5-Word 365 #043 – Ichi The Killer

Special thanks go out to Charlotte from the office today, for a loan of this week’s WTF Sunday DVD. This is another Takashi Miike masterpiece that has been on my radar for quite a few years and I’m glad I finally got around to it.

Ichi The Killer

Sweet Jesus, not the tongue.

Trust me, that will make sense. This movie has been built up so much as the holy grail of horrific movies but to be honest, it was hardly in a league of its own. I’ve seen a lot worse in films made both before and after. While the violence was arguably necessary in the context of these characters, I think there a lot of people who would really have got a lot out of the story but have been put off by the imagery.

Ichi is actually a bit of a supporting role in his own movie. The main protagonist is Kakihara (he’s the blond with the scarred face on the artwork), a Yakuza who’s boss Anjo has disappeared with all of the gang’s money. Kakihara is on the hunt for Anjo and eventually discovers that the man has probably been killed by someone called Ichi. Kakihara is a true sadomasochist who needs to inflict pain as much as he needs to receive it. The only person who could hurt him to his satisfaction was Anjo, which is why he needs to find him. As Ichi kills off more and more of the gang in ever more dramatic and messy ways, Kakihara starts to believe Ichi is the one he needs. Maybe Ichi is the only one violent enough to kill him?

The unrated version of Yellow Pages' "Morning After" ad was only ever shown in Japan.

This film is disturbing, that is true enough, but it wasn’t the frankly cartoonish bloodshed that bothered me; it was the depths of despair these characters go to – and actively seek out in several cases – that had more of an effect on me. The sexual proclivities and hang-ups, and the pervasive sexual violence as well, are what made this such an uncomfortable watch. The most (only?) sympathetic person in the film is Kaneko, one of Anjo’s bodyguards. He is a former police officer who was sacked from the force after losing his gun. It seems working for the Yakuza is the best job he can get as a single father with a less than stellar employment history. That’s the beauty of this film though: while you may not like them, and in fact are probably even repulsed by them, Miike and the writers Hideo Yamamoto (who wrote the original manga) and Sakichi Sato have made every single character in this world a fully-fledged person. A whole movie could be made around Kaneko, for example, without very much more in the way of character development.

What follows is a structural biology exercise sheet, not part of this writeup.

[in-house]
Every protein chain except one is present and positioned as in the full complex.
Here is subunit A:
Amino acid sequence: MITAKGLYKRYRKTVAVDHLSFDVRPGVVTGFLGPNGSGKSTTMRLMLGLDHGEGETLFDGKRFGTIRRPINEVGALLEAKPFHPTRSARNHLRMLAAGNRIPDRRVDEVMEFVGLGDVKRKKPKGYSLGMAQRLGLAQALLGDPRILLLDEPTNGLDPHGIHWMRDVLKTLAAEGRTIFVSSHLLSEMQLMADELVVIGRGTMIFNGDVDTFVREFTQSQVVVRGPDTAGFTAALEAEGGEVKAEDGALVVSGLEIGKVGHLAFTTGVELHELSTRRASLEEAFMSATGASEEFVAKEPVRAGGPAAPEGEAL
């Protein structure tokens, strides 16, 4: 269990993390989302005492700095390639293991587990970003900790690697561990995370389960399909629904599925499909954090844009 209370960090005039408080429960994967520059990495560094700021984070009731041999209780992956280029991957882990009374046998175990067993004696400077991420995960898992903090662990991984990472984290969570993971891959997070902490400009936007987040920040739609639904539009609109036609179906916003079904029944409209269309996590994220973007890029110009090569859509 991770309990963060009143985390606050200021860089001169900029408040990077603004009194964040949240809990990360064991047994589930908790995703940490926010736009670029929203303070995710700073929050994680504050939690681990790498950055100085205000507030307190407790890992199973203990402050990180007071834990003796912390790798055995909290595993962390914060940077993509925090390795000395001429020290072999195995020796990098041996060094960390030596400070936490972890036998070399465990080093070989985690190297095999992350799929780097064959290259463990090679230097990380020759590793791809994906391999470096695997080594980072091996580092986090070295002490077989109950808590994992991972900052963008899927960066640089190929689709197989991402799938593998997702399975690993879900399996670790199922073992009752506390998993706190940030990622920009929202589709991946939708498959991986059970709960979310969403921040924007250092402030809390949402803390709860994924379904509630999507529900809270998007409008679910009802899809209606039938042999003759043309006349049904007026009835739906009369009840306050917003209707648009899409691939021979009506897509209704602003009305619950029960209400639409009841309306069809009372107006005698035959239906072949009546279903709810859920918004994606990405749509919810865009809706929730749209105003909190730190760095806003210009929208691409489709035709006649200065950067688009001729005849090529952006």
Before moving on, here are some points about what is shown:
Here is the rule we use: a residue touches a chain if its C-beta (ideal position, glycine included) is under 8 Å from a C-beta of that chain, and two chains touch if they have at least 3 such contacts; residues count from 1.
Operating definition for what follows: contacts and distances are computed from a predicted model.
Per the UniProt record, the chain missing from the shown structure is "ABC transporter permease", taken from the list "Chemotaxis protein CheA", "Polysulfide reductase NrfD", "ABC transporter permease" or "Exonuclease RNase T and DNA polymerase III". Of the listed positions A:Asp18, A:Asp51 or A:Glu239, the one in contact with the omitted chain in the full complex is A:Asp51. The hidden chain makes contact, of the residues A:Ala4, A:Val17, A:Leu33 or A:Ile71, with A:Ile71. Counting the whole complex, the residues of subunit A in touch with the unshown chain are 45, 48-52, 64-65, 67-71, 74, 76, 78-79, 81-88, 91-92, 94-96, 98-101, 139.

Let's see The Joker try this trick!

When it comes to filmmaking technique, this is an astonishing piece of work. During the climactic rooftop fight sequence there is a bravura speed-ramping shot for example, five whole years before Zack Snyder’s 300 popularised the idea to the point of saturation. When I called the gore cartoonish, I meant in terms of scale. The execution is excellently done though, with a mostly seamless blend of practical and CG work. From listening to Bey Logan’s typically effusive and well-informed commentary, I was actually surprised by how much of the blood was computer generated. There is not one duff note among the cast either. I have to single out Tadanobu Asano (Kakihara) and former Miss Singapore Alien Sun, who played Karen, the frankly twisted sort-of girlfriend of the Yakuza man. Asano isn’t even recognisable from his latest role as Hogun, one of Thor‘s Warriors Three, and by some miracle he manages to make this psychotic lunatic someone that you almost root for, while Karen is the most cryptic character in the flick. Switching languages mid-sentence between Japanese, Cantonese and English, you don’t even know where she’s from, never mind what her ultimate motivations are.

Don't they make a cute couple though?

Miike has left the ending of the film deliberately mysterious. There is no clear answer given to the question of how much of what happened really did happen. It is left up to you to decide for yourself, much like the decision of whether to watch this in the first place. For me, I am glad I did.

Go ahead, punk. Make my day.

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